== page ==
Posted by CAD2012
Sage, Cedar and Copal burn on a daily basis to cleanse our spirits and minds on this journey across Northern America and these two months have felt like nine long months. Our bodies are accustomed to walking long hours as we sit restlessly in Salt Lake City waiting for the next road that will lead us to the upcoming town on our way to Denver, Co.
The road has been rocky but with this great team we continue looking forward to walking over the Rockies and those long flat roads with cornfields that people tell us we are going to dread. The temperatures are running high in this altitude and I know it when my cheeks and nose turn red instead of dark brown as it usually does in the hot and humid, Chicago summers. High altitudes in Lake Tahoe Ca. gave us the chills as we walked through the National Forest up to where the snow met the peaks and our skin met the cold weather. The road led us to a Valley where we met the most amazing mujeres that organize in their communities all over the state of Nevada, from the Universities to the churches.
There is melancholy in the air after getting a call from my older sister telling me my grandmother had just passed away. She was a wise mujer born in 1925 and wife to a Brazero who left her children behind in the 60′s in order to provide them with their basic needs. She was strong and confident. She was my family, a family that I had to leave behind when we came to this country. Now I only remember the stories my mother used to tell me about her childhood and the family I haven’t seen for more than 20 years. People whom I know I love even though they are thousands of miles away and yet I’m so close. I sit here praying with the staff and the smoke of Cedar to call for my ancestors and guide me with love and patience because this journey is going to be long.
Itza told me a story about her grandmother the night before she came out of the shadows here in Salt Lake City, a story about how she would take every leaf from the Cilantro stem before chopping it. Now she gets tears in her eyes not because she is chopping onions but because she is chopping Cilantro remembering her with its fragrance. The days of living in the shadows is over and her dedication to freeing our people is right around the corner.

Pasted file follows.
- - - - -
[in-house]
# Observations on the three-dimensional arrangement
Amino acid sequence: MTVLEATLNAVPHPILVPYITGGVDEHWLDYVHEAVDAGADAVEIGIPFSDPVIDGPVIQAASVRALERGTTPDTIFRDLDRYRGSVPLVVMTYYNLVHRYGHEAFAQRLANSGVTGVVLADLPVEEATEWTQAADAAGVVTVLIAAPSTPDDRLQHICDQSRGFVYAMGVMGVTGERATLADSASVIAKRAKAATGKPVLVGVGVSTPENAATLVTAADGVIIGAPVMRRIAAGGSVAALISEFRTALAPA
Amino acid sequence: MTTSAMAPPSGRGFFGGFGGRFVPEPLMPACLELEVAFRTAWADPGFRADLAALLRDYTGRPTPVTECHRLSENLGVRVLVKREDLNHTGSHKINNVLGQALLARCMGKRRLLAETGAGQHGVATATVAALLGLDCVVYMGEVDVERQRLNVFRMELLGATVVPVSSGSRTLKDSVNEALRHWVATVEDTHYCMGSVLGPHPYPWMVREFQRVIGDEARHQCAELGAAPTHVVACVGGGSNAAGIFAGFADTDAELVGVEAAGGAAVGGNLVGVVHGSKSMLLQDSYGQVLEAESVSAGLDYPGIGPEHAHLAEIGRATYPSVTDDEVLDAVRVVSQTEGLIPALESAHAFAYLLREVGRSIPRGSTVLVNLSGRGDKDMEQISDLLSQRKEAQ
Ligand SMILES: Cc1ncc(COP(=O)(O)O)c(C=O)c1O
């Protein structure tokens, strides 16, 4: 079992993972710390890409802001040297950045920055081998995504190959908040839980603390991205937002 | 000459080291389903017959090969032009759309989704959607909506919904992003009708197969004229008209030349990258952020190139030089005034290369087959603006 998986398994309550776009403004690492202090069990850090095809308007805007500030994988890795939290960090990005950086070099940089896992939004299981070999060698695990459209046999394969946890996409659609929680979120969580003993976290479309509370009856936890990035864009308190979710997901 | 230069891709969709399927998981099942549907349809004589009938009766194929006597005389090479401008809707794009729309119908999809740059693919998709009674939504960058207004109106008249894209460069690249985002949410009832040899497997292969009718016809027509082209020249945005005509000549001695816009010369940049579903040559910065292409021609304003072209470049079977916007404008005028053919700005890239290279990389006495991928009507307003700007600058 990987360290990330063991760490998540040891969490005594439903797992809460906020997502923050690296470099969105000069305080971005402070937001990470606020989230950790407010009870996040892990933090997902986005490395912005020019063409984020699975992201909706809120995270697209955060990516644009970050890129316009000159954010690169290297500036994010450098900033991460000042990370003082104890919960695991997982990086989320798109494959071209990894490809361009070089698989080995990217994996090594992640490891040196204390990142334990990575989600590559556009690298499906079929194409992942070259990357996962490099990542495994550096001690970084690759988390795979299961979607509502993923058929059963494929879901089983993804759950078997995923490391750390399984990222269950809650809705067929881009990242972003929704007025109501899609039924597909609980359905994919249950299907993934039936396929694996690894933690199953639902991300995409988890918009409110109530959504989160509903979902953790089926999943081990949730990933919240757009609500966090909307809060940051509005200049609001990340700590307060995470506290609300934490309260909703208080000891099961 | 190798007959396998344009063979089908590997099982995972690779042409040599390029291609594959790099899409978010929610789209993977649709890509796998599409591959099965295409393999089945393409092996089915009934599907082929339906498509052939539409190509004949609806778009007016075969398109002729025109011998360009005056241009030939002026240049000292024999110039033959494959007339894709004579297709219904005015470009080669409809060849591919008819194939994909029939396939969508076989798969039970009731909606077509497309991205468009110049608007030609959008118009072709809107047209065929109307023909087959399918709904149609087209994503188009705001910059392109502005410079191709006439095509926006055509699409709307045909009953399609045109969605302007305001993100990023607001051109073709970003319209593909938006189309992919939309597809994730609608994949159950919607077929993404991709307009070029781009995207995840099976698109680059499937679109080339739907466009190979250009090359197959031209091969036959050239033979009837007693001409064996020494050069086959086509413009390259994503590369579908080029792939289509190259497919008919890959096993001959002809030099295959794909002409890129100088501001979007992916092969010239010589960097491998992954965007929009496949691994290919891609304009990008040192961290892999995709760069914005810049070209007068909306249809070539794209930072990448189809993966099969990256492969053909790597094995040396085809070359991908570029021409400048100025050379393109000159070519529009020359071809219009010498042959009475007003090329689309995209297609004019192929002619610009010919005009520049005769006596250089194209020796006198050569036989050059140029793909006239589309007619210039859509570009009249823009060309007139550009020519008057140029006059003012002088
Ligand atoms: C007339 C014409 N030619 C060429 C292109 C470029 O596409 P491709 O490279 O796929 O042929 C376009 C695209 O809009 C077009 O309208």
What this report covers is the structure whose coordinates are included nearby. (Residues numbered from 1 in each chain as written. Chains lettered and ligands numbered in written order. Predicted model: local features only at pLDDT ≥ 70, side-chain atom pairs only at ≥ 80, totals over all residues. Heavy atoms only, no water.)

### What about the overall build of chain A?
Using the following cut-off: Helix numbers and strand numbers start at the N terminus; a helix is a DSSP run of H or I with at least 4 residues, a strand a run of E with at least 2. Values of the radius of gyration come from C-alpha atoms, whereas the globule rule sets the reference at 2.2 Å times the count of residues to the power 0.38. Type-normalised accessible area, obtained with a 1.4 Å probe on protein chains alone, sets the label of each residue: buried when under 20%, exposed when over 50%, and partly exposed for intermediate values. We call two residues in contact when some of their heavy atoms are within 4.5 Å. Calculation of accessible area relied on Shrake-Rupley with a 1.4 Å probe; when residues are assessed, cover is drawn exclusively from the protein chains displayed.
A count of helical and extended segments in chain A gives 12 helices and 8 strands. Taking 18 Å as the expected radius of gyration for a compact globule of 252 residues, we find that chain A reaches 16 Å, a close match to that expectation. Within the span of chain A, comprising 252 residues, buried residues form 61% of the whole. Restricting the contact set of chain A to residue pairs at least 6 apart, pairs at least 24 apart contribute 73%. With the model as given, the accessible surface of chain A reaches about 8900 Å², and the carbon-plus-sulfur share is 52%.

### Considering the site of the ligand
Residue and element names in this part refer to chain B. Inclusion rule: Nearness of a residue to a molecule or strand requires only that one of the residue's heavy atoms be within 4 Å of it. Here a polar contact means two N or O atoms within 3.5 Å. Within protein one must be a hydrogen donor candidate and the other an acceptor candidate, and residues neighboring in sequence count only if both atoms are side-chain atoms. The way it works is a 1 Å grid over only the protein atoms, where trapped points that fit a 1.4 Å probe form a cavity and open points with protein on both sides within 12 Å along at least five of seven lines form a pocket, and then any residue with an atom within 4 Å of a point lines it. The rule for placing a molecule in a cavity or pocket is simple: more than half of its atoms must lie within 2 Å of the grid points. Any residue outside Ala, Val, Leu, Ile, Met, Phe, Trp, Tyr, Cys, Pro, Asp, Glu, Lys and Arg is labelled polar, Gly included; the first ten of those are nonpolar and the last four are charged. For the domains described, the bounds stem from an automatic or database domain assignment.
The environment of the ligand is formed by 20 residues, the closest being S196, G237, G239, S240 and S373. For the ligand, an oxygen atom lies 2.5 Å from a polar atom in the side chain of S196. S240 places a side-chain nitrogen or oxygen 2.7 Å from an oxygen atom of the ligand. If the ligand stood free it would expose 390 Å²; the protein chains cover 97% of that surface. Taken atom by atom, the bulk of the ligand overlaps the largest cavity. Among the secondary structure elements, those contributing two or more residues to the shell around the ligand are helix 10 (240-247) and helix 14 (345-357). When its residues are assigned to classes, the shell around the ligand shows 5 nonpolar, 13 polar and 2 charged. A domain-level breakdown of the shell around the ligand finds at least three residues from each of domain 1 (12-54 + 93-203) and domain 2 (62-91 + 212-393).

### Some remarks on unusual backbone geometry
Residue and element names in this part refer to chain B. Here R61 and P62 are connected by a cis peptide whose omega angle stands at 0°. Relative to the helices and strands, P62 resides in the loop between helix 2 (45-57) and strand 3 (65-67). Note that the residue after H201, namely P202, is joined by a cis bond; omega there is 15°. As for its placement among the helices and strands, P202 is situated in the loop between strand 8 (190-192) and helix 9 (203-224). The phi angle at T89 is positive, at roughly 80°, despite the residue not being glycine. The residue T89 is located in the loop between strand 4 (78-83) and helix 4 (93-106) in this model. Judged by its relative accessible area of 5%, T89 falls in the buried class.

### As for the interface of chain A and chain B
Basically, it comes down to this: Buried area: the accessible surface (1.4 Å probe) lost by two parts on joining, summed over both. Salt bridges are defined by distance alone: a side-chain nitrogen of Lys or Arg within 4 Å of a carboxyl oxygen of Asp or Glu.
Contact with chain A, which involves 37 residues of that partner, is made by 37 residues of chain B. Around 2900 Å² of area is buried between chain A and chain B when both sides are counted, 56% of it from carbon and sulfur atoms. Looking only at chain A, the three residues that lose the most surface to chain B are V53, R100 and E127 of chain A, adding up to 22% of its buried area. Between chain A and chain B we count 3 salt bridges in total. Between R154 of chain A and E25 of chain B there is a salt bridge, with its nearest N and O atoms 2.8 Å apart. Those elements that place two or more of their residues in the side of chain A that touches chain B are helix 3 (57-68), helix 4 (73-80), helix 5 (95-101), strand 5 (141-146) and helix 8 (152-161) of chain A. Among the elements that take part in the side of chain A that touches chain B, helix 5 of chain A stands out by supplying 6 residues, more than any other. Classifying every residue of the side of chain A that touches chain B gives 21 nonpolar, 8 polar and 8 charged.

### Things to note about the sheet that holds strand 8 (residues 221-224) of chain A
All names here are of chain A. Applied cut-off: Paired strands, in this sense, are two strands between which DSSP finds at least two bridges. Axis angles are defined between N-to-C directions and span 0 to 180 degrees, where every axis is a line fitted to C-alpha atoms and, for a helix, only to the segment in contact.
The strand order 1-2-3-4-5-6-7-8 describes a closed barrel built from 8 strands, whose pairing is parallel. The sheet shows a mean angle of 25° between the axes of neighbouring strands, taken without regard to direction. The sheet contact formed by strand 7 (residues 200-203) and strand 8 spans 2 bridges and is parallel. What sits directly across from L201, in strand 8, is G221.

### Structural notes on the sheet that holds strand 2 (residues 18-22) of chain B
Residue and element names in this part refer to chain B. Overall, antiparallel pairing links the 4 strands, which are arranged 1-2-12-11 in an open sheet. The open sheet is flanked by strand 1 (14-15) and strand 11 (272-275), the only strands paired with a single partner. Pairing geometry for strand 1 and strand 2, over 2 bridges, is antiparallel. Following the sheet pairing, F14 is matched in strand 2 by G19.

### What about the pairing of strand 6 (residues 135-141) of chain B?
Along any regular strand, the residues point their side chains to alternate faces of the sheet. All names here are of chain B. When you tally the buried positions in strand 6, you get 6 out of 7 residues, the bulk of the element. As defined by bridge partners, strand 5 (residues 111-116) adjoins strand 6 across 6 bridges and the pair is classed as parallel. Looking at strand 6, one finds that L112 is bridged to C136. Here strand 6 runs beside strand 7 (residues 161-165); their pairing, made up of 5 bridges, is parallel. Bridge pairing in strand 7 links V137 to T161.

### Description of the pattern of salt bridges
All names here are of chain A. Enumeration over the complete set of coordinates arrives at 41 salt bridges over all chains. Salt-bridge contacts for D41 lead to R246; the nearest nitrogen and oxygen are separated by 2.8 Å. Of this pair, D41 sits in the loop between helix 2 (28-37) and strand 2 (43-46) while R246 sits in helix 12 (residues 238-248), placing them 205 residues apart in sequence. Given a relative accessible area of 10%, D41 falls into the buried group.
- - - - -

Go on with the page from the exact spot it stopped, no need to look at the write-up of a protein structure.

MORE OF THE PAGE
Let’s remind ourselves of our history and where we come from:
“You tell me to go back to my land and yet you forget that in my indigenous blood, and this dark brown skin I am so proud of there is a warrior who migrates in this occupied land, checking people’s privilege and those who forgot history. The real history that is, not the one of the Anglos but the one of our Ancestors!”
As we begin our Journey out of The Great Salt Lake I will take with me all the stories I have hear and the stories of US, the oppressed. We had our last dinner last night at Barbara’s house, who along with her two sisters are looking at the ticking clock because they are all set to be deported on the 15th of June. I see her eyes and I see a worried mother who does not know what is going to happen with her life. The anxiety is consuming her all the time. We talk over tostadas de tinga and a can of Coke. She is one of the millions that we do this walk for because I will do whatever it takes to make sure her kids live each day with her.
Good Bye Salt Lake City!